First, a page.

2) on the other hand, if it is black to move we will reach a position white to move in the the 4p-4p db and here also it will be quite interesting to have the 4 generated positions in the same block => with white to move it is interesting to have a block with all positions of the black kings
I hope it is another advantage of my approach : especially in positions with kings, a judicious building of contents of the blocks can certainly limit the number of disk access.
This example shows that it could be good idea to have index calculation which depend of who is to move.
Gérard

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Post by Ed Gilbert » Fri Jul 24, 2009 23:44

Gerard, in this topic http://laatste.info/bb/viewtopic.php?t=2349 I posted some results of benchmarks of db access performance. If you are interested you could easily run the same benchmarks and see how your lookups compare to mine. I posted the source code at that link, and can email you the data file of 200k test positions.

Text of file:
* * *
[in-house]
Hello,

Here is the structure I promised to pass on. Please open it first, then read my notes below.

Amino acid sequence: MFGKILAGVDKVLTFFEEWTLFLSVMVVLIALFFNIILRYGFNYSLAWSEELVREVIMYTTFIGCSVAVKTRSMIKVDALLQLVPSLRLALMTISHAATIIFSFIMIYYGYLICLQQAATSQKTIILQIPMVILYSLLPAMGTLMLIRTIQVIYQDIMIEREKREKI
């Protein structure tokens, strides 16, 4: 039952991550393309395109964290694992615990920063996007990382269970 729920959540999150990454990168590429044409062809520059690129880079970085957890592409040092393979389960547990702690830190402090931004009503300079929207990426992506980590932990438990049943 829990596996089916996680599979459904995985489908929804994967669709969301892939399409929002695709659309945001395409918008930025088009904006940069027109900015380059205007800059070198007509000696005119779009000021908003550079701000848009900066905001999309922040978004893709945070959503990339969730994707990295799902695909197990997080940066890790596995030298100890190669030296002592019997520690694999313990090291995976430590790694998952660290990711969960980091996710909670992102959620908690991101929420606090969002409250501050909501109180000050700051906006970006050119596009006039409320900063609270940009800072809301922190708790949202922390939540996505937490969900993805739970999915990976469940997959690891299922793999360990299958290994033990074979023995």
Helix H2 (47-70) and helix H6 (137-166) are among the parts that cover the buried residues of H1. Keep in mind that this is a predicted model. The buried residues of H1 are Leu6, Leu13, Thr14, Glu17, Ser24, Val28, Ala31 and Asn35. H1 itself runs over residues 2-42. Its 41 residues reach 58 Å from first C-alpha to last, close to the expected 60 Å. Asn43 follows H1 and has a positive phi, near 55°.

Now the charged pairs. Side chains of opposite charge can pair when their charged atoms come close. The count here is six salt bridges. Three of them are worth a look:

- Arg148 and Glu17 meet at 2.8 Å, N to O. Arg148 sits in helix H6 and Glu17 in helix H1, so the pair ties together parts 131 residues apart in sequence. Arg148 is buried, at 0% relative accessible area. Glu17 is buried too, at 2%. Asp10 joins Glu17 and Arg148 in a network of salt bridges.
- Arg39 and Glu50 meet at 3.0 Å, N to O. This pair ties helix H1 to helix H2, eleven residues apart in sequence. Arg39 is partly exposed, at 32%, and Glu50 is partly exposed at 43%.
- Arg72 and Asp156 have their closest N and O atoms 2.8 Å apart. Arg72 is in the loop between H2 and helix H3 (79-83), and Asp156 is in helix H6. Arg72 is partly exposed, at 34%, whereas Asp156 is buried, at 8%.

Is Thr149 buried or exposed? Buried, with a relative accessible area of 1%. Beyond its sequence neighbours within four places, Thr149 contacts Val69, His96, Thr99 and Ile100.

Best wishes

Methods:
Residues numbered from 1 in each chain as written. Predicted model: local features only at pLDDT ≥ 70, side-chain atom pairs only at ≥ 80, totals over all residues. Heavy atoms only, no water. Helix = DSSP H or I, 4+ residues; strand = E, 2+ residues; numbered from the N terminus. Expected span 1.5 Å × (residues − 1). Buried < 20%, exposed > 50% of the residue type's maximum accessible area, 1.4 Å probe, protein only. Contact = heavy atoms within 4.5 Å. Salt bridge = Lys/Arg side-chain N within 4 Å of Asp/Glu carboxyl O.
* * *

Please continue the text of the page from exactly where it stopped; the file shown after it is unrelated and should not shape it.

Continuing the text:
-- Ed

TAILLE
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Post by TAILLE » Sat Jul 25, 2009 00:17

Ed Gilbert wrote:Gerard, in this topic http://laatste.info/bb/viewtopic.php?t=2349 I posted some results of benchmarks of db access performance. If you are interested you could easily run the same benchmarks and see how your lookups compare to mine. I posted the source code at that link, and can email you the data file of 200k test positions.

-- Ed
Yes Ed. to have such 200K positions for benchmark purpose is of course interesting. Thank you to send me the corresponding file.
Remember that what I prensented above are only new ideas for the future. I intend to program and test them before beginning the 8 pieces generation but I am not in a hurry.
Gérard

TAILLE
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Post by TAILLE » Sat Jul 25, 2009 10:07